Pro Romanis Art

Marcus Tullius Cicero

FINE ART REPRODUCTION

Dimensions:
16″ W x 24″ H (40.64 cm W x 60.96 cm H)
Price: $80 US; includes shipping & handling
Product Number: 02300-16Wx24H-Sepia

16″ W x 24″ H (40.64 cm W x 60.96 cm H)
Price: $80 US; includes shipping & handling
Product Number: 02300-16Wx24H-B&W

20″ W x 30″ H (50.80 cm W x 76.20 cm H)
Price: $100 US; includes shipping & handling
Product Number: 02300-20Wx30H-Sepia

20″ W x 30″ H (50.80 cm W x 76.20 cm H)
Price: $100 US; includes shipping & handling
Product Number: 02300-20Wx30H-B&W

24″ W x 36″H (60.96 cm W x 91.44 cm H)
Price: $125 US; includes shipping & handling
Product Number: 02300-24Wx36H-Sepia

24″ W x 36″ H (60.96 cm W x 91.44 cm H)
Price: $125 US; includes shipping & handling
Product Number: 02300-24Wx36H-B&W

Paper: Canon Heavy Fine Art. Shipped in a sturdy mailing tube to ensure maximum protection.

Usually ships within 4-to-5 days.

Ships from and sold by Pro Romanis Arts.

Original artwork high-resolution scan printed on high quality large format printer (at least 300 dpi) on high quality paper.

Paper: Canon Heavy Fine Art. Shipped in a sturdy mailing tube to ensure maximum protection.

Usually ships within 4-to-5 days.

Ships from and sold by Pro Romanis Arts.

Original artwork high-resolution scan printed on high quality large format printer (at least 300 dpi) on high quality paper.

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Marcus Tullius Cicero

Charcoal Fine Art Reproduction

This charcoal drawing is based on a bust located in the Hall
of Philosophers in the Capitoline Museum, Rome. This bust is
dated to the first half of the 1st century AD, the time of the
Principate. It is probably a copy of a copy of an original. The
bust feels like it’s of the Veristic school (Roman realistic
portraiture) of sculpture. However, it also has some of the
idealizing elements associated with Augustan sculpture.

Cicero

Marcus Tullius Cicero was born in 106 BC in Arpinum, (modern-day Arpino) Italy. He belonged to a wealthy and prominent municipal family of the Ordo Equites. He received an elite education. Cicero was an industrious individual, rising early in the morning and working throughout the day. He was a prolific writer. We know him mostly through his correspondence with his close friend Atticus and his legal arguments; many published in written form after the trials had taken place. Cicero was an effective orator and a talented lawyer. This gained him public approbation when he was still quite young. Like most young Romans of means, Cicero climbed the Cursus Honorum, eventually becoming consul in 63 BC. His was the first in his family to do so, thus he was called a new man (homo novus).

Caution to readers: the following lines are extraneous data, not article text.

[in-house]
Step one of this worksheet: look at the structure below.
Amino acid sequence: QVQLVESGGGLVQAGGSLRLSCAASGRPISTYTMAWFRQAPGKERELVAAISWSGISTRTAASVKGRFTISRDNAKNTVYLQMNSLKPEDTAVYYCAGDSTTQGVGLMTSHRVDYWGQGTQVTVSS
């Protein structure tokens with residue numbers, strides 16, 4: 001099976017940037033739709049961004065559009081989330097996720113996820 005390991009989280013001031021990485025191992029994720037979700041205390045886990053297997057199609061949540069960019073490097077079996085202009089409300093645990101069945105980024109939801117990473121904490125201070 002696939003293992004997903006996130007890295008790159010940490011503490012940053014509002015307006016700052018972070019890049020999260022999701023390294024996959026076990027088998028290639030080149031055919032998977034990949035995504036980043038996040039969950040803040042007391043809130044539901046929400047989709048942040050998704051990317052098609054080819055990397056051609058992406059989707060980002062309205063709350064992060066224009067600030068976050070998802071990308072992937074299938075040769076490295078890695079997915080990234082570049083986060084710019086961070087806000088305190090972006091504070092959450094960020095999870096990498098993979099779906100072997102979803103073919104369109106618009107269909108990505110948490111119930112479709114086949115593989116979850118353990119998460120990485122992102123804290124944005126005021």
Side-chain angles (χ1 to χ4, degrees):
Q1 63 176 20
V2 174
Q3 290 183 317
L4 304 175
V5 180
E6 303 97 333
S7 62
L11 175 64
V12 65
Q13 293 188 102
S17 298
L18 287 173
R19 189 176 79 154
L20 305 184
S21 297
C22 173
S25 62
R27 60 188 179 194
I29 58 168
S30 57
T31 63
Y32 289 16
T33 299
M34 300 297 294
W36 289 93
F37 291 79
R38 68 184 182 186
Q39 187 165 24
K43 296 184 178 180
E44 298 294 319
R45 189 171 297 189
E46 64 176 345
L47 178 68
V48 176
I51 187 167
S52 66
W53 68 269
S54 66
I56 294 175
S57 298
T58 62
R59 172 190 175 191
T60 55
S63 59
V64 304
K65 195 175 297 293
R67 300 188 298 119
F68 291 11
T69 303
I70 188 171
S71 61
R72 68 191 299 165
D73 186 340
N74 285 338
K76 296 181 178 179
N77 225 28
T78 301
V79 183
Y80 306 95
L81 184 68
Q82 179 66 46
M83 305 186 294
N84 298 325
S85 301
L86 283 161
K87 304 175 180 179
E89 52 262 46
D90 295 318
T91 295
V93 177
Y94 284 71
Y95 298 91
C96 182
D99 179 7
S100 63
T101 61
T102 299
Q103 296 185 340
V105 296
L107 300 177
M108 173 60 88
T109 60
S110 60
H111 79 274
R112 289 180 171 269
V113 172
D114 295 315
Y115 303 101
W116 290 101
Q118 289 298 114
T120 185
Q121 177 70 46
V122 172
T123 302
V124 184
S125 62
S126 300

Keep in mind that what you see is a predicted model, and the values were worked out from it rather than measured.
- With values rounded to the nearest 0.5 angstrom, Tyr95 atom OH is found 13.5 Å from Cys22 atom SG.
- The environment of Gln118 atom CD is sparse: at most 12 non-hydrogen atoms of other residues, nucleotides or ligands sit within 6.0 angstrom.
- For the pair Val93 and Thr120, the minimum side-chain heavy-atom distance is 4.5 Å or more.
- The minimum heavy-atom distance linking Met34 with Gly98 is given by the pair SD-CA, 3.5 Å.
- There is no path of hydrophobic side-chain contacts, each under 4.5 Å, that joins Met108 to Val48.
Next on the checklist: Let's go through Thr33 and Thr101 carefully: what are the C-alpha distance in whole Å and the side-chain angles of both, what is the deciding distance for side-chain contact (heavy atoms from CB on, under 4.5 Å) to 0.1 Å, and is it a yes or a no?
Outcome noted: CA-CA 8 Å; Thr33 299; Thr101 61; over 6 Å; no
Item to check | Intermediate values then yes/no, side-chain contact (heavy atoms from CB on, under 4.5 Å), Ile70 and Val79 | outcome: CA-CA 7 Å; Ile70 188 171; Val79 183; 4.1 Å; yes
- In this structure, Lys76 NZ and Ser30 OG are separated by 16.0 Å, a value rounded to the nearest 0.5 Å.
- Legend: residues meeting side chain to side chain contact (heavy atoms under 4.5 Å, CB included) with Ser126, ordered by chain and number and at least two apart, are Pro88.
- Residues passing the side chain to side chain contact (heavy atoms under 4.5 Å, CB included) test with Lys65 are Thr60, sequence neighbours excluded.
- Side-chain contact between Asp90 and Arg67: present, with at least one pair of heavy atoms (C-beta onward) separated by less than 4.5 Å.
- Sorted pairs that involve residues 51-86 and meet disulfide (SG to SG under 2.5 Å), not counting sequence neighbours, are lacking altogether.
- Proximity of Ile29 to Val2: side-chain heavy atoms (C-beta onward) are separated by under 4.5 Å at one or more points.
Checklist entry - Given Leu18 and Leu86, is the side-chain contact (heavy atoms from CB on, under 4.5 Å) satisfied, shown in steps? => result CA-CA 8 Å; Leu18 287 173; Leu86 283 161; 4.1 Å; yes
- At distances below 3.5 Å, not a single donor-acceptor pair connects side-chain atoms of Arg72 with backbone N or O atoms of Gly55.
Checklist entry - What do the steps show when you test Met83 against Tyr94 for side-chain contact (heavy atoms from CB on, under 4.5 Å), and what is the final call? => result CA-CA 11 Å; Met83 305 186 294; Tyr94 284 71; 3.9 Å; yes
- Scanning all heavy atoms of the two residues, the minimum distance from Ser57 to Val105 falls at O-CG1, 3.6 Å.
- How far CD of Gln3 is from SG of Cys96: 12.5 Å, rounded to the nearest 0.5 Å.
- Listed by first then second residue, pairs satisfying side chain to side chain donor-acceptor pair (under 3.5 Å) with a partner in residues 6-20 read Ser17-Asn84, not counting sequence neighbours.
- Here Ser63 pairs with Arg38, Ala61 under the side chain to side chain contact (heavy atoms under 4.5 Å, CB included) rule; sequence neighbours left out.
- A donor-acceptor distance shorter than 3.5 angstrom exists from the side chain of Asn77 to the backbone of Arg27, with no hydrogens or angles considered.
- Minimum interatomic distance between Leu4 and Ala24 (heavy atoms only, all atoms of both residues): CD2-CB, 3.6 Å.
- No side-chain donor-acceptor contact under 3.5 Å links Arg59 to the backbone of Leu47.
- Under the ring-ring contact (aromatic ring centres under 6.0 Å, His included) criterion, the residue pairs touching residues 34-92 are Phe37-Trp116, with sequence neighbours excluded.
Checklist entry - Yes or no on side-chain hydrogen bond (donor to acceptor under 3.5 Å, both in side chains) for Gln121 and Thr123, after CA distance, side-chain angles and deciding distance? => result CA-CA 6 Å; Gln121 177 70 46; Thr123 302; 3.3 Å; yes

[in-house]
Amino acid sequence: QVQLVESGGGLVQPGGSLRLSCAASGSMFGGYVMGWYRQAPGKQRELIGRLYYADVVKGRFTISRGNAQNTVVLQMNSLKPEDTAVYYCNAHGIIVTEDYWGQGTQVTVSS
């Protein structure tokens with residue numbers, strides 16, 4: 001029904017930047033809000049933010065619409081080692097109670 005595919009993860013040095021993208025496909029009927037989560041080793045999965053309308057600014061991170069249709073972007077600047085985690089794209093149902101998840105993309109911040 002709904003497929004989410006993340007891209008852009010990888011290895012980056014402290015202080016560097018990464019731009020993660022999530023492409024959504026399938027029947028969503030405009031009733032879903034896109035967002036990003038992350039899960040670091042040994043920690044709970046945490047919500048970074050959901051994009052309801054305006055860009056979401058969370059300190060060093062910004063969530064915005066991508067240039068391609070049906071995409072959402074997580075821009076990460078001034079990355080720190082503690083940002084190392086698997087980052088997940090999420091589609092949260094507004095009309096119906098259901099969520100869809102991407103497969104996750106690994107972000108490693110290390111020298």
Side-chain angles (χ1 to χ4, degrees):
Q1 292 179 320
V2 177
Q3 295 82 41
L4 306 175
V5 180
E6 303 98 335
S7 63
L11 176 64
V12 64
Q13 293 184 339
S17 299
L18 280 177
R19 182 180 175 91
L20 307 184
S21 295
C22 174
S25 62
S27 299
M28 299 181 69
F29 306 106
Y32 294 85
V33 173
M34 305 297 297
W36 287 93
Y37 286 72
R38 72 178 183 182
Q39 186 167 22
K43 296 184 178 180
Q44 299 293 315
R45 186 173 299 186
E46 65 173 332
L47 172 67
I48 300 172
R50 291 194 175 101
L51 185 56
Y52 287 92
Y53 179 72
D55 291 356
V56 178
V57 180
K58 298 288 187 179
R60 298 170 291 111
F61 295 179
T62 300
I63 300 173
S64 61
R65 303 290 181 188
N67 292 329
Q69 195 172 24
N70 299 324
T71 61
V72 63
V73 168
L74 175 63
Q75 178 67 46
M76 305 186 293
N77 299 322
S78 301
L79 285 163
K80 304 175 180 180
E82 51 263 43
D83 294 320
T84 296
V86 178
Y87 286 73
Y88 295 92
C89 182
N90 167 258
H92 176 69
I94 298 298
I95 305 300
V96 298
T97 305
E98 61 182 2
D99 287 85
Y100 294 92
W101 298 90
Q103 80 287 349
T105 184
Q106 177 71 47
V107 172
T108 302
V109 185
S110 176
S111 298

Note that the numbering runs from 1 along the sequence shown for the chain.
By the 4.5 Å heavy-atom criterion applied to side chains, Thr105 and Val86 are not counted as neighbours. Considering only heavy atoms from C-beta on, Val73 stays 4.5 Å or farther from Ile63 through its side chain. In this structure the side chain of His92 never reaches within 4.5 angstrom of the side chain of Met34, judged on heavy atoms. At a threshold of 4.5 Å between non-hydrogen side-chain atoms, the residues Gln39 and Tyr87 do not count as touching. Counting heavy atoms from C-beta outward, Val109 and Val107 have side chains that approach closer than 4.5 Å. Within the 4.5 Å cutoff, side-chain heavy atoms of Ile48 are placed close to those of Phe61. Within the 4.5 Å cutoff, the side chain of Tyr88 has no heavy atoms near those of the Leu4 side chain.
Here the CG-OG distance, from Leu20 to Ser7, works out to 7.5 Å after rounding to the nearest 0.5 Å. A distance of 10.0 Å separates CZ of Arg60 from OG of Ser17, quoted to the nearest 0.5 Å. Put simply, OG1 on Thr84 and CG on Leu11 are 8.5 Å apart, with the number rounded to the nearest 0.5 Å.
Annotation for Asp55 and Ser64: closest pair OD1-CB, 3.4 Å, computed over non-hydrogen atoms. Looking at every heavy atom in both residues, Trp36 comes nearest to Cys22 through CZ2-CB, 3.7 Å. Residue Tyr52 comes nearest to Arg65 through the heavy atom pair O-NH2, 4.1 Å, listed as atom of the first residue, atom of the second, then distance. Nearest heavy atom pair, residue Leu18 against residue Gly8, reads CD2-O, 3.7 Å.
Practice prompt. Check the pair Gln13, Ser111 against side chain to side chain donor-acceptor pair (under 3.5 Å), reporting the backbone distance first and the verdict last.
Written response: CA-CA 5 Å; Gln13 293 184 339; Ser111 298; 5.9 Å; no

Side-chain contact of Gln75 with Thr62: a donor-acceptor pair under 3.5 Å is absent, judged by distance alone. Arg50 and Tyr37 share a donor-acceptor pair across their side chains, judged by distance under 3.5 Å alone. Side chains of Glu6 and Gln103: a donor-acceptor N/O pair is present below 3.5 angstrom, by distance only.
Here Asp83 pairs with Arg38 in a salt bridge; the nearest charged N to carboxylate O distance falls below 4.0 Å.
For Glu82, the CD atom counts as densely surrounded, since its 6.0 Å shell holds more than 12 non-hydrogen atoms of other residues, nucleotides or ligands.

Cicero, during his Consulship, was most known for his defeat of the Catilinarian rebellion. However, he also executed several Catilinarian ringleaders without trial and this led to his exile after he finished his term of office. When he returned to Italy, he was greeted as a hero. Cicero resumed his place in the Senate. He was a key influential figure during the Triumvirate of Julius Caesar, Pompey Magnus and Marcus Crassus. After Caesar’s conquest of Gaul, the death of Crassus in the East and the falling out of Pompey and Caesar, Cicero aligned himself with Pompey. After Pompey’s defeat at Pharsalus, Caesar pardoned Cicero. After Caesar’s assassination, Cicero aligned himself with Octavian against Antony in the struggle for leadership of the Caesarian  faction. It was then that he penned his Philippics, orations against Antony. These speeches would cost him his life and the lives of his brother and son when Octavian, Antony and Lepidus formed the 2nd Triumvirate against Brutus, Cassius and the Republicans. He perished during the proscriptions in 43 BC.

Cicero came to prominence as an orator and attorney in a case brought against Verres, the governor of Sicily. To hear Cicero tell it, Verres was a really bad guy. The weight of the evidence Cicero presented at trial was so great and so damning that Verres’ team didn’t even put up a defense. The disgraced former governor slunk out of Rome and into exile in Massilia. Cicero was interested in a wide variety of subjects, philosophy and rhetoric among them. He was able to “translate” Greek texts for his Latin readers. In the time of the Principate and later, his texts were required reading for young Roman students.

About The Artist, Zygmunt Michalski

Zygmunt (Zyggi) Michalski began drawing from a very young age. He studied Architecture at the Cracow University of Technology. There, he studied painting and drawing with Krystyna Wróblewska—a member of the Polish Academy of Sciences—a well-regarded painter, graphic artist, and book designer. Her work and career have appeared in academic books such as Archiwum Sztuki Polskiej XX Wieku and Tom 2 Twórczość Krystyny Wróblewskiej. She herself studied under the famous painter Ludomir Slendzinski. Michalski also studied under Professor Wiktor Zin at the Architecture Department. Dr. Zin was a widely published author and a designer of many churches internationally and in Poland. He was a well-known TV personality. Michalski worked with Zin at the Polish Studios for the Conservation of Cultural Property. Michalski is equally adept at pen and ink drawing and oil painting. He can paint in various styles and is particularly interested in the historical and surrealistic subject matter. He is also very strong in portraiture. Zygmunt Michalski has executed more than 25 pieces of art for Pro Romanis. You can see some of Zyggi’s other work at en.zmichalski.art.pl.